Dell control freaks its own hardware stacks, VMware and Microsoft hypervisors
New SAP HANA appliances based on 'active infrastructure'
The ownership of Dell, the company, may be in flux, but Dell's aspirations in the software business are clear, and with the launch of a new control freak for Dell Active Infrastructure integrated systems, Dell wants companies to use its system and hypervisor management tools instead of alternatives from hypervisor makers such as VMware, Microsoft, and some day Red Hat.
Dell has wanted to do more than just resell other's technology for some time, and that is why it bought Scalent in July 2010 after partnering with it in September 2009. That gave Dell the capability of provisioning physical PowerEdge servers as well as provisioning Hyper-V, XenServer, and ESXi hypervisors and their virtual machines running atop the physical servers.
Dell licensed self-service provisioning tools from DynamicOps – a chunk of code called Cloud Automation Manager by DynamicOps – to be the front-end for its Virtual Integrated System (VIS) management tools that have subsequently been mashed up with Scalent to create what Dell calls Active System Manager.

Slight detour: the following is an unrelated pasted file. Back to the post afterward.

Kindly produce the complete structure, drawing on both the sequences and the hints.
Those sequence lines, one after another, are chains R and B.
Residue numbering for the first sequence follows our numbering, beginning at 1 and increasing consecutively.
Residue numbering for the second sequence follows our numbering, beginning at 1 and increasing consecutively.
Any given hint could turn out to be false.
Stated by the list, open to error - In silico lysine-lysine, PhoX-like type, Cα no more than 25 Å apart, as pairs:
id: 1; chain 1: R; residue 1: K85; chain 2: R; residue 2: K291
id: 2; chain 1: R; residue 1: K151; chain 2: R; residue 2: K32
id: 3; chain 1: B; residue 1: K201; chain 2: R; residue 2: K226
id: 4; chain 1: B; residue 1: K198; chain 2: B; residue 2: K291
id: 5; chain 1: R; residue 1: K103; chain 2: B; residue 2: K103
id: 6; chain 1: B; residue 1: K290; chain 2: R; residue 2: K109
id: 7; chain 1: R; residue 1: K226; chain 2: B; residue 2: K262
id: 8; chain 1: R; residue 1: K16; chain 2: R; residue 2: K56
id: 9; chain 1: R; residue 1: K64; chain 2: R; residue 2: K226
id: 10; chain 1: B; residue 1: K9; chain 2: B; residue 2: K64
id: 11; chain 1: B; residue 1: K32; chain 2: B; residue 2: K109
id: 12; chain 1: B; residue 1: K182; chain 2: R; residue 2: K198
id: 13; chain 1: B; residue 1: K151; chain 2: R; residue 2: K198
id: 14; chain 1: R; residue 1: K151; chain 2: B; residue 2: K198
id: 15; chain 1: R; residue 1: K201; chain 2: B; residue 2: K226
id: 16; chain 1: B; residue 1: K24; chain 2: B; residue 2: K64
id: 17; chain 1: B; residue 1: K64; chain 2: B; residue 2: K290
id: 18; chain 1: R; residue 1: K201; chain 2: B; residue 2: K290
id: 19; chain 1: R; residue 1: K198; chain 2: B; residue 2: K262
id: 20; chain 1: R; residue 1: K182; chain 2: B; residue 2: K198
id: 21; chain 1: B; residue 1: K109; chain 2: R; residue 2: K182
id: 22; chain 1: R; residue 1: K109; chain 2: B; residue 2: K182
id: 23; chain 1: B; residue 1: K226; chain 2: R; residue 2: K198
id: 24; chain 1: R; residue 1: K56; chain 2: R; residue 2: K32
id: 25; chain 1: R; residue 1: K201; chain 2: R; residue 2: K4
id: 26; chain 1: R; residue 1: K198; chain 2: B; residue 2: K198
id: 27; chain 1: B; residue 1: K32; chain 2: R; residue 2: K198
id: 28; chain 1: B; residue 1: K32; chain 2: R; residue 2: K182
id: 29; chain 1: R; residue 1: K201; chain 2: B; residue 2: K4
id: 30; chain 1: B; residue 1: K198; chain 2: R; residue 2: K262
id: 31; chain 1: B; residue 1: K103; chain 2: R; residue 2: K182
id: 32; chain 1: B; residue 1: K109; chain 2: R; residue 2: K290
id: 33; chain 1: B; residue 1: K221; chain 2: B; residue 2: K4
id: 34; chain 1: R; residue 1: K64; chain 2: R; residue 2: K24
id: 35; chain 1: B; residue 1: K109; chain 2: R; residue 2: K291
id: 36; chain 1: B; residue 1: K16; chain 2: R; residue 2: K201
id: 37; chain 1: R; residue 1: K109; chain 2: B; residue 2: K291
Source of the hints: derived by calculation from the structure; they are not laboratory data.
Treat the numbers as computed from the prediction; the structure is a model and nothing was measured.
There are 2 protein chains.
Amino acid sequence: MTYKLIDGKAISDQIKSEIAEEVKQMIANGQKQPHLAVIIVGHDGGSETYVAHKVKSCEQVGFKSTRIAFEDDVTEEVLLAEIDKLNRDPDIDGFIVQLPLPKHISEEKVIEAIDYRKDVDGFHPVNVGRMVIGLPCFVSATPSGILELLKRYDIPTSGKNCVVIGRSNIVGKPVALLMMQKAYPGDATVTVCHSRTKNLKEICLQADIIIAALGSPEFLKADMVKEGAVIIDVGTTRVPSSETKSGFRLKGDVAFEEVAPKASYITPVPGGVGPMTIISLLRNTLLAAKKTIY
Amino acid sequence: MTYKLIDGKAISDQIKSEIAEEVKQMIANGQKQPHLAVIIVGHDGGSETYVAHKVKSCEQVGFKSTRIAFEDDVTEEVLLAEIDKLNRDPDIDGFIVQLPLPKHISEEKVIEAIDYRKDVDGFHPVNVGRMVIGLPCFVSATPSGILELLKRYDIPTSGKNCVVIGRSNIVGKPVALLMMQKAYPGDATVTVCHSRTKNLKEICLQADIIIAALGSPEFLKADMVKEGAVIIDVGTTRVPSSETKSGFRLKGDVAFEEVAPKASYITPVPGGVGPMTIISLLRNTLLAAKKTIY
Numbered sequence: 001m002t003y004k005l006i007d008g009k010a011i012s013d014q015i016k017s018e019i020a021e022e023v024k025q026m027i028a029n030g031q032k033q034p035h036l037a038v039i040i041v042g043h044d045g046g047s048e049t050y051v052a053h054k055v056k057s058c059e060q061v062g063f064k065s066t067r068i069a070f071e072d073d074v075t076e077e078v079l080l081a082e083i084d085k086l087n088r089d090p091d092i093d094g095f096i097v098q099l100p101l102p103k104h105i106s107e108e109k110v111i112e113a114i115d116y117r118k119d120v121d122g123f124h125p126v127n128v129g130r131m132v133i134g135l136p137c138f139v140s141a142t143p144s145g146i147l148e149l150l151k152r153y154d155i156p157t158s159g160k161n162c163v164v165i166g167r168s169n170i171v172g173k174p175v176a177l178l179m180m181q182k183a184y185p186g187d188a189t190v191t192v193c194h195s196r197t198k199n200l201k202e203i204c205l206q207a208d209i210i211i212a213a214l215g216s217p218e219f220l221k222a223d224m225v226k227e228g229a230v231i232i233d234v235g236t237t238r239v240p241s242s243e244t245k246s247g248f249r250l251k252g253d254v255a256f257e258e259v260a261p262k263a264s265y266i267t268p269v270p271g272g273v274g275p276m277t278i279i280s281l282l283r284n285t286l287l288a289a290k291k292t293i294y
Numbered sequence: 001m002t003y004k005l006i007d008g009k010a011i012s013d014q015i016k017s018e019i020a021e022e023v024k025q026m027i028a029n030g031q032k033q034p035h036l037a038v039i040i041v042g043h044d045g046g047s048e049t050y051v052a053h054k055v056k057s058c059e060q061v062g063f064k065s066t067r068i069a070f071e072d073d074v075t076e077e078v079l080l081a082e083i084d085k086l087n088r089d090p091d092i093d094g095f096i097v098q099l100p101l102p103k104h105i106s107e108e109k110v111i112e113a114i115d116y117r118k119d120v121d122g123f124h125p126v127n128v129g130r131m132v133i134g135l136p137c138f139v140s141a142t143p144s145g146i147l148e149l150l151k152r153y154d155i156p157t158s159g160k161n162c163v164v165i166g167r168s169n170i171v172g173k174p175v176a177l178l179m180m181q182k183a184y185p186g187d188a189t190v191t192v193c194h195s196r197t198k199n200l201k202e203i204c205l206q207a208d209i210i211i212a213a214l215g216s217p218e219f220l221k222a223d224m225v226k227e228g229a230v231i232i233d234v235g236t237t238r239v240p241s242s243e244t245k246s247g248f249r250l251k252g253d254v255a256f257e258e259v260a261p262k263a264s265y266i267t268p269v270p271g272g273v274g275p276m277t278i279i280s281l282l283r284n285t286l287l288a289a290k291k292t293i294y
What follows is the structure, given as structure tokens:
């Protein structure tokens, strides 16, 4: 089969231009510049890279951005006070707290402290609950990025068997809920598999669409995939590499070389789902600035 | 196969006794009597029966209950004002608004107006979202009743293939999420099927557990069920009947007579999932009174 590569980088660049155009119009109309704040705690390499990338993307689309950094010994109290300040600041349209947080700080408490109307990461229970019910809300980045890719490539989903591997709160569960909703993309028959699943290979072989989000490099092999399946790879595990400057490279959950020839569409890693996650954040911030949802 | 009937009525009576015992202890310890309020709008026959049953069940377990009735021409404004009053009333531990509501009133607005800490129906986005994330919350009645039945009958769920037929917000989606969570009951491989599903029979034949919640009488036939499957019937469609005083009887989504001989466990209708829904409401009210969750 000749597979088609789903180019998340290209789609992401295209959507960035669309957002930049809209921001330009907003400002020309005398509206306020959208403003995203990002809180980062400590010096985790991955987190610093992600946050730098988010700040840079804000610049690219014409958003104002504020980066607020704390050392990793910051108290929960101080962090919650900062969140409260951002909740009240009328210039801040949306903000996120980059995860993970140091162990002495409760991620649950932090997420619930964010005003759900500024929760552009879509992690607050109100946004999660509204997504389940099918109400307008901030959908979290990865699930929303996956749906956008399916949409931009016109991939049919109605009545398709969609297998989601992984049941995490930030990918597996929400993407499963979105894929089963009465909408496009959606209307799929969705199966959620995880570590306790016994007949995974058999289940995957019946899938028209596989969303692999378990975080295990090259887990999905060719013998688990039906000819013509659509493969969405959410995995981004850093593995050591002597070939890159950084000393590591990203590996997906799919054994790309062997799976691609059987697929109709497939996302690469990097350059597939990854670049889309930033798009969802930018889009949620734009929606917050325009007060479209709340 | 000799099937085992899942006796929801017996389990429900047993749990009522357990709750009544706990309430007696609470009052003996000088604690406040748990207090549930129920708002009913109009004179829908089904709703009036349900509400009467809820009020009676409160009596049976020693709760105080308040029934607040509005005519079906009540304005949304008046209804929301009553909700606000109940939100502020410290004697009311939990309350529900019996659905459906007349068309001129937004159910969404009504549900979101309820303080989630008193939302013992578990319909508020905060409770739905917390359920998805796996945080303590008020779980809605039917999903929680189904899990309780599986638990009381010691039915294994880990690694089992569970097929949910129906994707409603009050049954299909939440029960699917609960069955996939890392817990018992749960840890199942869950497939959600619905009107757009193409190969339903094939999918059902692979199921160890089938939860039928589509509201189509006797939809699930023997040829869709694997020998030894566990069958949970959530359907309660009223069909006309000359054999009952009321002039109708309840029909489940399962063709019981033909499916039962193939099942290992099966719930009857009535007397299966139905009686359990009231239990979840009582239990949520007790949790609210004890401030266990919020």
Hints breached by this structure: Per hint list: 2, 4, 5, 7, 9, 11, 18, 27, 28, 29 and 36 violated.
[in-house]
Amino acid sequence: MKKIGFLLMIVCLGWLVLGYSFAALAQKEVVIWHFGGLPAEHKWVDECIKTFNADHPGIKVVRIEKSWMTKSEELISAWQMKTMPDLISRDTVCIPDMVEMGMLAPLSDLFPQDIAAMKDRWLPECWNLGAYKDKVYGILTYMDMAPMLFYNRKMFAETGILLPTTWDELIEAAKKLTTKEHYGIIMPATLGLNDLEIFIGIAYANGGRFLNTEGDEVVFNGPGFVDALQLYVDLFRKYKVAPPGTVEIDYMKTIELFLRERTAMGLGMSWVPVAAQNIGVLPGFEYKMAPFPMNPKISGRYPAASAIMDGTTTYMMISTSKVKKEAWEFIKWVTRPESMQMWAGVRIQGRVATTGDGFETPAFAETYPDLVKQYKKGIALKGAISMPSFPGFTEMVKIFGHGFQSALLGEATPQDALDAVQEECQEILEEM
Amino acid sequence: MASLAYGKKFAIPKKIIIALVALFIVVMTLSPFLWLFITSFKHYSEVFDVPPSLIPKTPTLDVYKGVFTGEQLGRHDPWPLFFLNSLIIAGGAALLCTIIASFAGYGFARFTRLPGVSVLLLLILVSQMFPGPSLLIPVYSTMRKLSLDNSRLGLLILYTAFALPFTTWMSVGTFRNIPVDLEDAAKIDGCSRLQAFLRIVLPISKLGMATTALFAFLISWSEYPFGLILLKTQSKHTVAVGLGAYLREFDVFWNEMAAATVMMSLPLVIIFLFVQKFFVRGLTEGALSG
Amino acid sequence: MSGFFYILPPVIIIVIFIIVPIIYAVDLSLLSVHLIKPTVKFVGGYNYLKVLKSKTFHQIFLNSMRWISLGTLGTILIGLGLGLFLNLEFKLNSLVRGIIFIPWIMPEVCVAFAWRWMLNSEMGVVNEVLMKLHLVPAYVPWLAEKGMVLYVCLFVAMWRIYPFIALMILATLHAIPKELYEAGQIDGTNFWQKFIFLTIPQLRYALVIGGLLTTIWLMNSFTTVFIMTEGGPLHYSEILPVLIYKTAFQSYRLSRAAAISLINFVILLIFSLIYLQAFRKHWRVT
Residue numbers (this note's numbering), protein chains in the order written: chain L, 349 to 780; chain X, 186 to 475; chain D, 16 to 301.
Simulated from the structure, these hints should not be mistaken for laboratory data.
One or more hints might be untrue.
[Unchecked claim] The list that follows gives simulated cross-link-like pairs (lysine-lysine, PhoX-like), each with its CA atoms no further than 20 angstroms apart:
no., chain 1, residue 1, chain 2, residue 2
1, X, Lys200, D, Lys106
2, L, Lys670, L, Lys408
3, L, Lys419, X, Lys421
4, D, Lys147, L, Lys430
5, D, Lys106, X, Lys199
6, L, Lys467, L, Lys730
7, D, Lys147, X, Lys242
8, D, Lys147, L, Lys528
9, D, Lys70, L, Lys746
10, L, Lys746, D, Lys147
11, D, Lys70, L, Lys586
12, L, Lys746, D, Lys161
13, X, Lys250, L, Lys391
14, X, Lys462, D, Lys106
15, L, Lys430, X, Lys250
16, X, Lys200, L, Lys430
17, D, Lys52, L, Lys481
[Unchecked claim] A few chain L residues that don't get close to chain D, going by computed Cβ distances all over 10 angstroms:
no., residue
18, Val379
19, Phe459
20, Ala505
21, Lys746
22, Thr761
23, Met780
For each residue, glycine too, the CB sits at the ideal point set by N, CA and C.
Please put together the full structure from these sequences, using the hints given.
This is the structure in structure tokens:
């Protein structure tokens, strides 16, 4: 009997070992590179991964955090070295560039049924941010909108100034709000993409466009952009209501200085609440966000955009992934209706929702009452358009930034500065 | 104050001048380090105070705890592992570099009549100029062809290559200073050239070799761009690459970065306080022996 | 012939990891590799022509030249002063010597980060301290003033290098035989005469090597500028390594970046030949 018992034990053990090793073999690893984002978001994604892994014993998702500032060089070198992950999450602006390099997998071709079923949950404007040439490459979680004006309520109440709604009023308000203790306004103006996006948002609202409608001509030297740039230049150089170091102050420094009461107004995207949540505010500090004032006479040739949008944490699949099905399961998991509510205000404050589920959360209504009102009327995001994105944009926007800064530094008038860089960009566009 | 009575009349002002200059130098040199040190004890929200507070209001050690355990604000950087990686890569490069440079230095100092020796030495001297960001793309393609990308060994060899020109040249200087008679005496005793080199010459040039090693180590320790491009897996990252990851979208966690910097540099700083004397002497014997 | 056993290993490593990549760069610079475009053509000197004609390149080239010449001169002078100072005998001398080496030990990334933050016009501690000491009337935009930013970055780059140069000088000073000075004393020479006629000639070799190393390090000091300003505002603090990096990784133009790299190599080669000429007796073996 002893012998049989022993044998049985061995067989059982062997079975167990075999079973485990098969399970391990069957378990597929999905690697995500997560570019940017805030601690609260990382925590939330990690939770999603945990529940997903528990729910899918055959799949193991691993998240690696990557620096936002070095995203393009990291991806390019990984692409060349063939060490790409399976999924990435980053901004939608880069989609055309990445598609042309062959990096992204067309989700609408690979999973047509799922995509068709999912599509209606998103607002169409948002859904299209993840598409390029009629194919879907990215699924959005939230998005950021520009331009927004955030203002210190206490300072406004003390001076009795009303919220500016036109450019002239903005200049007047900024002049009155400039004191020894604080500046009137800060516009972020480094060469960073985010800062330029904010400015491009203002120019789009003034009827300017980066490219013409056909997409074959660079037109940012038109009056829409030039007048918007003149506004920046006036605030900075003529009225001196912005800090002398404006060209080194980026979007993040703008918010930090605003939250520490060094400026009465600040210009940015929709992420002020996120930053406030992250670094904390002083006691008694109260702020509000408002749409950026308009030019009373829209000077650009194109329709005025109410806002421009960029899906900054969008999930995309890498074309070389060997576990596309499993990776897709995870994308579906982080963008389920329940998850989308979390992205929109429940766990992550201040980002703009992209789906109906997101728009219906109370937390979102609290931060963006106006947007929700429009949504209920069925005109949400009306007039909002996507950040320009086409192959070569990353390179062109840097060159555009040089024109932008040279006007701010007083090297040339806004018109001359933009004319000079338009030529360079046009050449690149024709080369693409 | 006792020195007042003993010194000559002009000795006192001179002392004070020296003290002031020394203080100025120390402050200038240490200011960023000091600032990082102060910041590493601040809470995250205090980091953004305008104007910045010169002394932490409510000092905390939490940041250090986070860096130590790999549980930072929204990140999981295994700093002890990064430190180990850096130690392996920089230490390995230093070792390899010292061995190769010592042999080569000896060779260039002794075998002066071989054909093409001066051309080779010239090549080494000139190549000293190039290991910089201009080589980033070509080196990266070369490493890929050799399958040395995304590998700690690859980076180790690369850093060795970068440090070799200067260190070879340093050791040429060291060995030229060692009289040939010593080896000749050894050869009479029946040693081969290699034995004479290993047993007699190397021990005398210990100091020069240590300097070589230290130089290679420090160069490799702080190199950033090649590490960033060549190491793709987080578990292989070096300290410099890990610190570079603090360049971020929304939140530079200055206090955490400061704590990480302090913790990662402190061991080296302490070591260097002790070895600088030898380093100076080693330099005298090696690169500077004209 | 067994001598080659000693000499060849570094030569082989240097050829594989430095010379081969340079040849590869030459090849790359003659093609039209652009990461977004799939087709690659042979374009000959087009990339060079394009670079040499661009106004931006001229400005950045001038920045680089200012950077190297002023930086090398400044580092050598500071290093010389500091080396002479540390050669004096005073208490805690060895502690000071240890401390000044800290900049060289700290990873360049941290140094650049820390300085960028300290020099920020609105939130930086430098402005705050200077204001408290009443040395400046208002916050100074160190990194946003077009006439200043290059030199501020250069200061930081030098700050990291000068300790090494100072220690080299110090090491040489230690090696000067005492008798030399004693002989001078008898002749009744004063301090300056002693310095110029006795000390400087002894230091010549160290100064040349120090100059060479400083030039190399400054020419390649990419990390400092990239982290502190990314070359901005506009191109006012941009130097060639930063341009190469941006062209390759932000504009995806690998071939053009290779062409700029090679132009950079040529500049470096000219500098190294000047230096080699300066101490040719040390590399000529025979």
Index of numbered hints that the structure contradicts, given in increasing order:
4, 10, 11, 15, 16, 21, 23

The problem is that Dell doesn't own that DynamicOps code, which makes it tough to tweak, and an even bigger problem is that VMware snapped up Dynamic Ops back in July last year right under Dell's nose. That left a software hungry Dell, both the company and the man as it turns out, looking around for an alternative set of control freakage to peddle instead of giving up and just reselling VMware's and Microsoft's respective vCenter/vCloud and System Center tools.
Dell expects customers to have mixed environments, and has said so for years, and moreover is under the gun to get more sales and profits from software. And so to solve all of these problems at the same time, Dell inhaled upstart cloud control freak Gale Technologies last November for an undisclosed sum and now has an alternative product that will actually let it sell its own hardware and software stack, complete, using a mash-up of Scalent and GaleForce tools with a smattering of the DynamicOps code.
Ben Tao, director of global product marketing for converged infrastructure systems at Dell, did not want to get into the exact composition of the new Active System Manager 7.0 tool, which can be thought of as an upgrade to the prior GaleForce 6.1 that had been shipping before Dell bought Gale Technologies.